Sex is different from intimacy in that while you share intimate experiences daily with different people, you don’t usually have sex with just anyone. Most people reserve sex for someone they feel romantic about. Sex without intimacy is good in it’s own right. It’s sensual, sexy, and visceral. It also sends a message to your partner that you only want to share this sensuality (a core part of you) with them – not just any local mate in heat. If your spouse is the one who usually wants sex more it also sends a message that you’ll be there for them and you’ll try to meet their needs and desires. It also sends a message that you’ll accept them for who they are – high sex drive and all. And that creates intimacy.

Both Kinds of Sex are Good for Your Relationship

As a marriage counselor it’s my firm opinion that great sex brings out (and creates) the best in relationships. Both kinds of sex are important: the carnal biologically driven kind and the intimate connecting kind. Both kinds of sex have a place in your relationship and neither one should be neglected or else your relationship will also feel neglected.

When you understand the difference between sex and intimacy you can understand better your own sexual urges what you’re in the mood for. It also helps you understand what your partner is in the mood for and why. This creates a whole new level of understanding in the bedroom and can take your relationship to new heights.

5 Responses to Intimacy & Sex: How They’re Different and Why You Should Know.

  1. My question is can you have intimacy with someone you are having a sexual realtionship with without having love? I have been having a sexual realtionship that has become more intimate over time but no romantic love has developed. I have never before been in this situation and it is a bit confusing for me because I have always believed if you have both sex and intimacy, you have a romantic. bond which is turning out to not be the case.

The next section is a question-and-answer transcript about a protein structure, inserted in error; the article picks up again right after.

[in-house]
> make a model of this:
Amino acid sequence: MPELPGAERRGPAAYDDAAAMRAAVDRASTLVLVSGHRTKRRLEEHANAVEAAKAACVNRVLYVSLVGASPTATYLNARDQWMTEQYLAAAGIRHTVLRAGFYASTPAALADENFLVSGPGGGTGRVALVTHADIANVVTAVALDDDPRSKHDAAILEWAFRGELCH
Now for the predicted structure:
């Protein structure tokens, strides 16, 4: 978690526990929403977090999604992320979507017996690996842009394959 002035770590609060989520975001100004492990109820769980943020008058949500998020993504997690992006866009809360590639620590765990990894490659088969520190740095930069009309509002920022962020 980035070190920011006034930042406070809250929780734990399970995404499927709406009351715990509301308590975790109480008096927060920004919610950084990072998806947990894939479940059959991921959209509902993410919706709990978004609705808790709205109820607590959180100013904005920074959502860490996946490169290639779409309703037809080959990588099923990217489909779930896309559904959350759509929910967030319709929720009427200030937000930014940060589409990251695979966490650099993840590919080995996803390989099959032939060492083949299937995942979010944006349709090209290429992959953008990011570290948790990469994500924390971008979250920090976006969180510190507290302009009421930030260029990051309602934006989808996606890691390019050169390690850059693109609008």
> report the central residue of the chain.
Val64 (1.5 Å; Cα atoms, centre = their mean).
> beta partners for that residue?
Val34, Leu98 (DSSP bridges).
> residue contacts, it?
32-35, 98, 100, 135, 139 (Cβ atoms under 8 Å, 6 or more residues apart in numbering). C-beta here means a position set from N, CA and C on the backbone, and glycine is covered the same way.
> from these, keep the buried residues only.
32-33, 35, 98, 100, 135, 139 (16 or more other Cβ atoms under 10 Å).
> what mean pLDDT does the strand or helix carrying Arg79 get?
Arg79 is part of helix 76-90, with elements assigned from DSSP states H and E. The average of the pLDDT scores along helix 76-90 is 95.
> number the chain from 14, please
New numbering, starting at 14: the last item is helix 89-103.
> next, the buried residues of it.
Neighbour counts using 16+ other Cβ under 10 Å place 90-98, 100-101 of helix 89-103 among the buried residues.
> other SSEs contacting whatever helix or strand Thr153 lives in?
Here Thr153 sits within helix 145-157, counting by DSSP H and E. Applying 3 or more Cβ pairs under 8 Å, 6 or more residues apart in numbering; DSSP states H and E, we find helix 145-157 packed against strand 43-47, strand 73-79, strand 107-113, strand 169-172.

2. I have a question as well. What if your partner does not understand or feels that its necessary. I have been with this man for 5yrs with two kids and I am thinking it maybe the intimacy that is lacking, as well as the sex. I want more and he is not up for it mostly. So I thought maybe we need more intimacy but I don't think he still quite understands or he just don't want to and I am trying to figure a way to get through it with out making it into a more complex relationship or feeling as though its going no where… does that make sense

  3. You assume humans are monogamous. This is patently untrue Aaron. You use the biological knowledge selectively. Helen Fisher does this too. Thus you try and support the societal, quasi religious construct. You must know in your heart that this is wrong surely? Like Fisher, I think you need to perpetuate the myth, since it's "good for business". But it's not.

    If the starting point is always fallacious, then expectations are pitched stupidly high for any couple. It's very comforting, especially for women, to hear this, and especially in today's culture where feminism has infected the legal system and other aspects of our culture.

    If couples were to understand that monogamy is far from the default position of human – and almost all mammalian existence – then the sexes could at least begin to understand each other's imperatives.